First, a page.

Published November 9, 2021
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About Candidly Cline
A must-read for fans of Julie Murphy and Ashley Herring Blake, this queer coming-of-age story from critically acclaimed author Kathryn Ormsbee sings with heart, warmth, and hope.
Born in Paris, Kentucky, and raised on her gram’s favorite country music, Cline Alden is a girl with big dreams and a heart full of song. When she finds out about a young musicians’ workshop a few towns over, Cline sweet-talks, saves, and maybe fibs her way into her first step toward musical stardom.
But her big dreams never prepared her for the butterflies she feels surrounded by so many other talented kids–especially Sylvie, who gives Cline the type of butterflies she’s only ever heard about in love songs.
As she learns to make music of her own, Cline begins to realize how much of herself she’s been holding back. But now, there’s a new song taking shape in her heart–if only she can find her voice and sing it.
“Empowering, affirming, and sweet as all get-out.” –Lisa Jenn Bigelow, author of Drum Roll, Please
I tend to love stories about musicians, so I was intrigued when I heard about CANDIDLY CLINE. She’s a songwriter, singer, and guitarist, and she’s learning how music can give voice to things that are hard to say other ways.
Cline pretty much had me at hello. She’s sure in her identity. She also loves her mom and grandmother, who all live together. I loved the bold way she handles her conflict with Sylvie and the way their relationship develops after that rocky beginning.
As she figures out how to tell her mom how important music is to her and to speak about her identity, Cline finds allies, friends and mentors, sometimes in unlikely places. When a church event leaves Cline feeling judged and isolated, a woman she knows from the same church comforts Cline and tells her the way she was treated is wrong, and that it isn’t in line with what all Christians believe. I loved that even though Cline’s church experiences aren’t the center of the story, CANDIDLY CLINE made space for the fact that people observe faith in different ways. Some of those caused her a lot of hurt, but other ways made her feel loved and valued. I’m really glad that got explored on the page a bit in this book.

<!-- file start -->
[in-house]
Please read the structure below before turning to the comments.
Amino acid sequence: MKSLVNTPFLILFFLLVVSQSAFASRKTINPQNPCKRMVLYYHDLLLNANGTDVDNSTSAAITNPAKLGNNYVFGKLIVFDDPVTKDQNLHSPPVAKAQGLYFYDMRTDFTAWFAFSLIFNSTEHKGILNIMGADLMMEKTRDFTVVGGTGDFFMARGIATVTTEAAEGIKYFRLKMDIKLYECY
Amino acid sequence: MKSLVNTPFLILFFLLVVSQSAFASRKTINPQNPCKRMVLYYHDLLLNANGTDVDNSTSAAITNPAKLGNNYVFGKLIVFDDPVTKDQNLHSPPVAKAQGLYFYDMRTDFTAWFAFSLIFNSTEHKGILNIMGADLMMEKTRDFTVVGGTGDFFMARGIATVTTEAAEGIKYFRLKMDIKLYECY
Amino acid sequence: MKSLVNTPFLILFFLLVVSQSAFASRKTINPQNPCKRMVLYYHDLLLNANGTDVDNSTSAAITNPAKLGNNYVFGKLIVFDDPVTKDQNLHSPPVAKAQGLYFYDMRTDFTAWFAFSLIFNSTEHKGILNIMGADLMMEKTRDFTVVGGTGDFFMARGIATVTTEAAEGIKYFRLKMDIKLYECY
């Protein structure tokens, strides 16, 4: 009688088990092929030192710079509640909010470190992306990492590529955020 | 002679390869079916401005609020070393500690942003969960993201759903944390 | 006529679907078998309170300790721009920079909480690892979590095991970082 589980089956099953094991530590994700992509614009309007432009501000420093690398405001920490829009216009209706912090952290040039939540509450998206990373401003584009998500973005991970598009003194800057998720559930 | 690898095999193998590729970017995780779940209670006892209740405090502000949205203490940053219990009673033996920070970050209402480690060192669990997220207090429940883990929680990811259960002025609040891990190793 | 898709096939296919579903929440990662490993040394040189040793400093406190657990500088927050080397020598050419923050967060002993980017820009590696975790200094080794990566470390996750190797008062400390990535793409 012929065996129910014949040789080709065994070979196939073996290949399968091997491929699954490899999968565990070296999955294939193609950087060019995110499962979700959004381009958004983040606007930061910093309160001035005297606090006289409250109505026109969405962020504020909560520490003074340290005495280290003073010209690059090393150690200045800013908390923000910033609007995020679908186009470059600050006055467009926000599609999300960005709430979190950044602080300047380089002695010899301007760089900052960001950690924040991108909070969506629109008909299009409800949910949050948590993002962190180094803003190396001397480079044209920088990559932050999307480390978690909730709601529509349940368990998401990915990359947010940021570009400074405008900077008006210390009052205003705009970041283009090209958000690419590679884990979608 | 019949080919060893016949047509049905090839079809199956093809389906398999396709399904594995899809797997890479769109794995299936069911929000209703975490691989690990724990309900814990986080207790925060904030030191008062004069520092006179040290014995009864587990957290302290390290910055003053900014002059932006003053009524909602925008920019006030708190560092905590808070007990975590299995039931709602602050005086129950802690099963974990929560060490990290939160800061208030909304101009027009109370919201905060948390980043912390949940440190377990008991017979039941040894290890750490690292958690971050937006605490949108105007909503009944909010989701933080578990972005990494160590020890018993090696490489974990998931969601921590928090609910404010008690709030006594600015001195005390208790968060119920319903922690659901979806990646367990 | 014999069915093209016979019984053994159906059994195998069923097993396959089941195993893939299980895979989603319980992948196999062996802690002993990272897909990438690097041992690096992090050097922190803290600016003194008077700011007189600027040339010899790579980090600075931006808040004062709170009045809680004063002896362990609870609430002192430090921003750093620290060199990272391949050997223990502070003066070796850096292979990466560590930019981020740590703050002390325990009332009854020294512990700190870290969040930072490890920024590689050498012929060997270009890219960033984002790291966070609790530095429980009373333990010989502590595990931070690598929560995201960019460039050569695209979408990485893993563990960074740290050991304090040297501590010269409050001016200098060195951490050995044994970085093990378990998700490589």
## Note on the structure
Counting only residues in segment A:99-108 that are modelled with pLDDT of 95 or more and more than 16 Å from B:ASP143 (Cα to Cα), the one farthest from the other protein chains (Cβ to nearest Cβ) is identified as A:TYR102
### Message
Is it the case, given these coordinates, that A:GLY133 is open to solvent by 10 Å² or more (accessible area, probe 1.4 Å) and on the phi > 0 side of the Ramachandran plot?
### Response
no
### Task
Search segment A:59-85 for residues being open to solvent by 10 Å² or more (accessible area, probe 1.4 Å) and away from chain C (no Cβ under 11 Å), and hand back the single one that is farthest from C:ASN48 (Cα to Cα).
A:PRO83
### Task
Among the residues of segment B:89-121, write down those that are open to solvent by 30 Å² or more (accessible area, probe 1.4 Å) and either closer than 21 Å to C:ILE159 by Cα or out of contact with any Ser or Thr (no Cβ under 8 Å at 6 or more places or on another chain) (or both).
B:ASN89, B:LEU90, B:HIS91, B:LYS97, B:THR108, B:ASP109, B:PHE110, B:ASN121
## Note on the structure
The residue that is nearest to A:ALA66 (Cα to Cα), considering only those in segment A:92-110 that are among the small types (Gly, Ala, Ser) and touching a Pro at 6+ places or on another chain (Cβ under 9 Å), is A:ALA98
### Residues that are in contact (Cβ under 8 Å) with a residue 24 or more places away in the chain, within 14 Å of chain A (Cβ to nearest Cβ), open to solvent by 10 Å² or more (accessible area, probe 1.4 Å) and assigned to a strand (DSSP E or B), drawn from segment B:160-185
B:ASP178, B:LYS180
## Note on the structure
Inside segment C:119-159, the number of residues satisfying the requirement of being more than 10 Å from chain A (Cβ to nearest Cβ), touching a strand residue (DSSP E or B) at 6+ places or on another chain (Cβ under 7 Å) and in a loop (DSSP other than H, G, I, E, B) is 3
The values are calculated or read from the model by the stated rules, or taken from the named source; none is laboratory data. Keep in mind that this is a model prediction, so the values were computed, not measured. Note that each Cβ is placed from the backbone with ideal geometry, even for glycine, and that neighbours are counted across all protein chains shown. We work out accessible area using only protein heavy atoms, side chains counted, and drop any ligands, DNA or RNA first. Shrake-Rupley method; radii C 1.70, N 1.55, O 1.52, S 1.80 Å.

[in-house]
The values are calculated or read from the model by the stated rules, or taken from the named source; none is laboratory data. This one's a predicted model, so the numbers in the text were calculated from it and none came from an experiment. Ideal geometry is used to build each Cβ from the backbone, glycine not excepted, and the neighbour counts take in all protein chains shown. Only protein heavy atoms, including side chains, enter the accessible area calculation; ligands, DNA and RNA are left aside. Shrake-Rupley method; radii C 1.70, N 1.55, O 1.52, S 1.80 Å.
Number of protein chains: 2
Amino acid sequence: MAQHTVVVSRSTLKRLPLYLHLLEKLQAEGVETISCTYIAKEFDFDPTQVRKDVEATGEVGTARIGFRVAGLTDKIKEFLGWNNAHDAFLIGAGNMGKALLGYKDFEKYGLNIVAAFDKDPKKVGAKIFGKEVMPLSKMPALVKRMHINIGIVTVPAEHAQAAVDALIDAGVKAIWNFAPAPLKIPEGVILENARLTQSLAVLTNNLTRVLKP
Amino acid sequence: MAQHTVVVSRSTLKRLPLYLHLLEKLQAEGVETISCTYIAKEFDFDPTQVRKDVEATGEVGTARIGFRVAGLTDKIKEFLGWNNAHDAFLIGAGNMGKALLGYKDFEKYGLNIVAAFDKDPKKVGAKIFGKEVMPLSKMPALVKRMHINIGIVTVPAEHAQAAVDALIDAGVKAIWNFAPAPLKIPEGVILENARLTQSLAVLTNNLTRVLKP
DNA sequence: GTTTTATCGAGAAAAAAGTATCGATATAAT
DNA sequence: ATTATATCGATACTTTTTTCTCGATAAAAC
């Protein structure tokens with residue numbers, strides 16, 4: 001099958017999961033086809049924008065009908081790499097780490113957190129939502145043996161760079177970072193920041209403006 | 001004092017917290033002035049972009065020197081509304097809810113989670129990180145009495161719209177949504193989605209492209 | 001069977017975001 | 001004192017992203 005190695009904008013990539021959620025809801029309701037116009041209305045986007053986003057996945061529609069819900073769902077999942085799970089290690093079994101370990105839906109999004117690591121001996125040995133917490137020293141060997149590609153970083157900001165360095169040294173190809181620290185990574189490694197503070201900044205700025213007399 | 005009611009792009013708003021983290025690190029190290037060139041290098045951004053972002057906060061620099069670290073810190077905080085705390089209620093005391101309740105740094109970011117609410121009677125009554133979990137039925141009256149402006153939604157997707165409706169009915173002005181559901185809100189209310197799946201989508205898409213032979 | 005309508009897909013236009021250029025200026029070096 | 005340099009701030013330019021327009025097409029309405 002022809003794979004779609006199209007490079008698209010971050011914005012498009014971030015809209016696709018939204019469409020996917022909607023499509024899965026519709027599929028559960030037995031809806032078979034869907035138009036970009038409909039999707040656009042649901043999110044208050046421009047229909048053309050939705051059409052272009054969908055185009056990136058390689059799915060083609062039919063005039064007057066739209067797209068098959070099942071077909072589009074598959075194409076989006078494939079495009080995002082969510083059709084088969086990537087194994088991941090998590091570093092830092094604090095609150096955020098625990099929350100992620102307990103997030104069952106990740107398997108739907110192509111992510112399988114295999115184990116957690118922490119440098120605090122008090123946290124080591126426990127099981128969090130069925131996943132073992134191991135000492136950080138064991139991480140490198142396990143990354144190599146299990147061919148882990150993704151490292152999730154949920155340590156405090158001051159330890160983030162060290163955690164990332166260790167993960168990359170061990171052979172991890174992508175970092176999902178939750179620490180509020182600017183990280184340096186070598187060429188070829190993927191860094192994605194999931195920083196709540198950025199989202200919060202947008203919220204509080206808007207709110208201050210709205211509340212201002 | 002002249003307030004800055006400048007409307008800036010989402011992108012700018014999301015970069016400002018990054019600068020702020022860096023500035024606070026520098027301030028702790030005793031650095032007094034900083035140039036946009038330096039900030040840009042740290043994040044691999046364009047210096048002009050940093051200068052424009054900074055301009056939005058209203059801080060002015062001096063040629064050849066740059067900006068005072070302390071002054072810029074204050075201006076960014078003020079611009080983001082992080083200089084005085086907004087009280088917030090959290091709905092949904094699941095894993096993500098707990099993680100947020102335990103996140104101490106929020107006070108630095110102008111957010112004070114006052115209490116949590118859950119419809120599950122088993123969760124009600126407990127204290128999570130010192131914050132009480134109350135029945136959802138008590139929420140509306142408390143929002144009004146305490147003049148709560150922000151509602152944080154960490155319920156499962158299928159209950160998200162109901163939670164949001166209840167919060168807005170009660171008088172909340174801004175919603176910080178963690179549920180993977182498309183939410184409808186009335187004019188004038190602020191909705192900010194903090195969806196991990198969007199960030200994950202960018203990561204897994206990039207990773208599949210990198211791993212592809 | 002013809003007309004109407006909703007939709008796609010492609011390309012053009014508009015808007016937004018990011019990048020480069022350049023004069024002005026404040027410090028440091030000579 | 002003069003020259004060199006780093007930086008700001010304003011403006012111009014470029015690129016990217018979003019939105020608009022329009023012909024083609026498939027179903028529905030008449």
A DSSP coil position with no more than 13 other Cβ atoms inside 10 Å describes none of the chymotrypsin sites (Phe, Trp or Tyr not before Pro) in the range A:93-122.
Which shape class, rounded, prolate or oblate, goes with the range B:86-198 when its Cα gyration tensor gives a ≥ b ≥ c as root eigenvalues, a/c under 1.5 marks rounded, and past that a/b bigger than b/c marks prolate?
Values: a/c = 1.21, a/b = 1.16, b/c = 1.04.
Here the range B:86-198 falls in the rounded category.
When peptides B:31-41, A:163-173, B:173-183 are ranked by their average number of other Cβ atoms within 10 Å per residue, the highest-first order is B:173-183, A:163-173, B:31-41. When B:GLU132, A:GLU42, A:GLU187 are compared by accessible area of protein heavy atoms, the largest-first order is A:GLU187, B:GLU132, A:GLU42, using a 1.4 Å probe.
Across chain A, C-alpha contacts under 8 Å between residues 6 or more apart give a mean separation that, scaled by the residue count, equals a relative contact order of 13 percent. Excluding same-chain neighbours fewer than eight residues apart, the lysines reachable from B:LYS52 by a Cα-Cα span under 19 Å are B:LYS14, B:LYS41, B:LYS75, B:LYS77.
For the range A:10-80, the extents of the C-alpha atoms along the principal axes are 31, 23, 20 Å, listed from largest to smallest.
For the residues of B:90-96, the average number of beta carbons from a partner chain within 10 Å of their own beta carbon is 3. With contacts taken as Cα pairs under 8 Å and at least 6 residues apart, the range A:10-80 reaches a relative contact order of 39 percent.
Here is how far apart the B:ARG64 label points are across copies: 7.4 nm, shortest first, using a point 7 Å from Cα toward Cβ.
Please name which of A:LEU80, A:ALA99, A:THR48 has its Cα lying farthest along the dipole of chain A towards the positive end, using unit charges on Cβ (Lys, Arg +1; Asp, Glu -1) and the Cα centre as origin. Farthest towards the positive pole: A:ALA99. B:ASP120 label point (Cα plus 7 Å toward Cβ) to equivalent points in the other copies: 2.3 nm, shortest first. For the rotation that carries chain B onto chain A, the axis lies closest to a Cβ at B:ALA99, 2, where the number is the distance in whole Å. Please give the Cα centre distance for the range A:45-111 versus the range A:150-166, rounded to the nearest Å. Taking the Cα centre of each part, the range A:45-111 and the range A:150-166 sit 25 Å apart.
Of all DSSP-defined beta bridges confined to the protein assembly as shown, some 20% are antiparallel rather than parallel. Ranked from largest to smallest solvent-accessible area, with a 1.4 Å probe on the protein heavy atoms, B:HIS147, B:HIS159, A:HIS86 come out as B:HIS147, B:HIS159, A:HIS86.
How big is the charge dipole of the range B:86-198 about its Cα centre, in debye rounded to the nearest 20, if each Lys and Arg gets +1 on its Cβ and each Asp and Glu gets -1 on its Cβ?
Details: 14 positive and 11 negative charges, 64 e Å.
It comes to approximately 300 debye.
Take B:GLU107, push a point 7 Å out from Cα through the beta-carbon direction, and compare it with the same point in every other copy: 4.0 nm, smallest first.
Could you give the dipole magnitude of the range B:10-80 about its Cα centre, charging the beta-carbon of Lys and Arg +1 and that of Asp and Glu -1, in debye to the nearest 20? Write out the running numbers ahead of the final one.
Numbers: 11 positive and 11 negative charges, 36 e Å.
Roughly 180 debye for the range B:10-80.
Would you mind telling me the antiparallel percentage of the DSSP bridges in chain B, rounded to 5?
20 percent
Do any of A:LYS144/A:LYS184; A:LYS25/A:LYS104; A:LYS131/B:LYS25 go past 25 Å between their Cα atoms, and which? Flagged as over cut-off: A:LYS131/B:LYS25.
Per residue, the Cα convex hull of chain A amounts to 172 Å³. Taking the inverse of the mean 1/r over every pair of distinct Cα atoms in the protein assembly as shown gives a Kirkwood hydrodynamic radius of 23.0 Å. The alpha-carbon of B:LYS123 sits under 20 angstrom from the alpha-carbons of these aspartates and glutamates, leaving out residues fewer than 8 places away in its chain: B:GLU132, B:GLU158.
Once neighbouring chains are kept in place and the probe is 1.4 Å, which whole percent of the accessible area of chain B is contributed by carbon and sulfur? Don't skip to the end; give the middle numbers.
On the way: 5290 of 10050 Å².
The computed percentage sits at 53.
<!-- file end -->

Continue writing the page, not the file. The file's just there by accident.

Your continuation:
I also liked Cline’s complicated relationship with her mom. She knows her mom loves and supports her, but she feels like this huge part of who she is (her music) will never be acceptable to her mom. After she learns more about her mom’s history and the pressures she’s currently facing, she begins to realize that it’s not as simple as her mom disapproving of her. I liked that her relationship with her mom wasn’t as simple as her mom wanting something different for her life. It had a lot of layers, and those were presented gently and without dominating the story.
On the whole, I really enjoyed this book, and I think fans of BREATHING UNDERWATER by Sarah Allen or HURRICANE SEASON by Nicole Melleby will enjoy this book.
Recommended for Ages 8 to 12.
Cline is a lesbian. Her grandmother has Alzheimer’s. Her mom is a single mom.
Profanity/Crude Language Content
Mild profanity used only once.
Cline wonders what it would be like to kiss another girl. A girl kisses a girl on the cheek.
Cline visits church with her friend. She feels uncomfortable with some of the language about “the lost”. She wonders if her Christian friend views her as somehow lesser because she doesn’t believe in God/Jesus. The pastor preaches that same-sex attraction is a sin. However, another church member says she believes God loves everyone and has made them to be who they are.
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